The Five Wounds explores what it means to have faith, both in and outside of the church. In past interviews, you’ve mentioned your intimate history and conflicted relationship with Catholicism. Was it ever difficult to challenge religious themes so candidly in your writing? How can writers explore the deeply personal, like religion, while still letting their characters find their own way?
As a fiction writer, I’m always exploring the deeply personal in my work: questions of family obligation, of longing to change one’s life, of connecting with others. I can’t imagine writing about themes that don’t feel personally urgent.
My novel engages with the cultural history of Catholicism in northern New Mexico and the foundational narratives—elements that are central to my understanding of a place that matters so much to me. I think it’s really important that we challenge these narratives, examine whose experiences have been written out of the narratives, and consider who these narratives benefit and who they hurt.
The Catholic Church’s role in the region—across the globe, really—is, of course, complicated. It provides community and sustenance and ritual, it’s the source of so much beauty and art and music—and it also served as an excuse for the forced subjugation of native peoples by the Spanish colonists, a legacy of pain that persists today.
These issues all get filtered through the specific needs and desires of the characters—Amadeo, in particular, because he’s turned to these traditions. Angel, on the other hand, doesn’t think much about Catholicism at all!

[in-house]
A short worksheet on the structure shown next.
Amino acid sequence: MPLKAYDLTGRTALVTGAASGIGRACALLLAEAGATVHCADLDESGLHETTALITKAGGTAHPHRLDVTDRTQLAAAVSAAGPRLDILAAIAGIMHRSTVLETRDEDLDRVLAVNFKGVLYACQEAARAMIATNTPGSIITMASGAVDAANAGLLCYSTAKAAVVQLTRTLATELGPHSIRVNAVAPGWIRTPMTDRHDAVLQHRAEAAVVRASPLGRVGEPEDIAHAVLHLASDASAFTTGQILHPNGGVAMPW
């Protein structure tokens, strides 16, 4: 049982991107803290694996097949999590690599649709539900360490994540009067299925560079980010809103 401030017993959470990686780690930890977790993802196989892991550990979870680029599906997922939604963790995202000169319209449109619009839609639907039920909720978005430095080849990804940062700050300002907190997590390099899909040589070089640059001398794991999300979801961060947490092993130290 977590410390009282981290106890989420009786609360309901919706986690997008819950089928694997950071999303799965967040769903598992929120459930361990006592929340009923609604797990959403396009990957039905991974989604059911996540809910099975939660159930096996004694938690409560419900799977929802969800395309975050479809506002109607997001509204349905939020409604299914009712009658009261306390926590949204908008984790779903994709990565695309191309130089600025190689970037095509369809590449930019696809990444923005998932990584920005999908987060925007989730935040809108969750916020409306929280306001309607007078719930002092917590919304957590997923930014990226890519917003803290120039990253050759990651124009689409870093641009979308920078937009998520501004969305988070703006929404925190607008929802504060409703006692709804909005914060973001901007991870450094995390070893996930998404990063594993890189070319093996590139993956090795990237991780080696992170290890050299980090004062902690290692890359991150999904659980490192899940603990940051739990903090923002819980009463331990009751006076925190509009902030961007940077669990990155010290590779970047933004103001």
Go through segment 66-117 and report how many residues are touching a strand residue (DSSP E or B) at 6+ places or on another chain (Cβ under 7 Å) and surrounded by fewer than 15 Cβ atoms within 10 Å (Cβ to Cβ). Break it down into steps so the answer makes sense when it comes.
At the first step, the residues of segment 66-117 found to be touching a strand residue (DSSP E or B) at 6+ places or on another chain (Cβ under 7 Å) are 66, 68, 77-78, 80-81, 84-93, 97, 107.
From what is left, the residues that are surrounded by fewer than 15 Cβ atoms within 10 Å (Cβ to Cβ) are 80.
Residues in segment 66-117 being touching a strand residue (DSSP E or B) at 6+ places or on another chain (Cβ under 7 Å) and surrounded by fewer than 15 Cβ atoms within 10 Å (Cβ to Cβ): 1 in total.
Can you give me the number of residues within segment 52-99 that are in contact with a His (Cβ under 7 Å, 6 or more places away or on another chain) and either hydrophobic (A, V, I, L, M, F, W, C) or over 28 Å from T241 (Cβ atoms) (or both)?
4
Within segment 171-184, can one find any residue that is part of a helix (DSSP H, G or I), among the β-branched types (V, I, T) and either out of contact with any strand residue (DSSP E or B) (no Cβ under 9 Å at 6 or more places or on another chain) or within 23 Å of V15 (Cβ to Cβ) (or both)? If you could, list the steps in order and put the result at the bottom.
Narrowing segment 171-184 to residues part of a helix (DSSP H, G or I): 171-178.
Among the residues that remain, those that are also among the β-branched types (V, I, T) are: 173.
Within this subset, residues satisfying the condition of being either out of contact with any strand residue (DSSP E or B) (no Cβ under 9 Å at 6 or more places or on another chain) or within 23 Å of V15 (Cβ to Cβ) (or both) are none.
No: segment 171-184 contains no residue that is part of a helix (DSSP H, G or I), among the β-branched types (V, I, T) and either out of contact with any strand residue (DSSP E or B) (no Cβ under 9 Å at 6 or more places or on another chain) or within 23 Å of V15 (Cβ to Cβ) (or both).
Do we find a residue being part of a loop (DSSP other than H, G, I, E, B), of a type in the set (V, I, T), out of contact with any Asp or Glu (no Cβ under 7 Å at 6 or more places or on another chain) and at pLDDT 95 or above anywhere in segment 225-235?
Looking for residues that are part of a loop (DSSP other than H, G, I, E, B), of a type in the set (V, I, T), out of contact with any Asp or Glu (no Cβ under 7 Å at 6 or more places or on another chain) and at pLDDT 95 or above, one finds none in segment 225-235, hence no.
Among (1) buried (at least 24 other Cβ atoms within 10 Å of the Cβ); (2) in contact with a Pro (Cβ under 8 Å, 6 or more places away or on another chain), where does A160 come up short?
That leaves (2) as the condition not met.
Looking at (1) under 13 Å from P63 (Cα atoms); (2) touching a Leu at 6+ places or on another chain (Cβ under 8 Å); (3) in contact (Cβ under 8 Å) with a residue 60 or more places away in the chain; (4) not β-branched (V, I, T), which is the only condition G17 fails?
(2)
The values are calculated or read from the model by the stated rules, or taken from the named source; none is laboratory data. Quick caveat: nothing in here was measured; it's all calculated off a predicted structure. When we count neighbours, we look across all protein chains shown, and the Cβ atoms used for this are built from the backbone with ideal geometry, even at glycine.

You were born in New Mexico and have spoken about feeling a sense of belonging there growing up. When building the fictional town of Las Penas in The Five Wounds, was it important to you to accurately depict the New Mexico landscape you’re so familiar with, or did you take creative liberties with the setting to better serve your story?
The beauty of writing about a fictional town is that you can take all kinds of liberties! But it was absolutely important to me that my depiction of Las Penas be “accurate,” that a reader who knows the area might recognize it, if not in its particularity, in its broader strokes. So the history of Las Penas is much like the history of other villages in the region, and it shares traits with those other villages.
At the same time, it was important to me that the village not be recognizable as any particular village. I wanted the flexibility that writing about a fictional place allows, and I also wanted to make clear that the characters are fictional.
The main narrative of The Five Wounds is told in the present tense. For this story and others you’ve written, are there specific elements that help you decide on tense, or is present tense something you often gravitate to?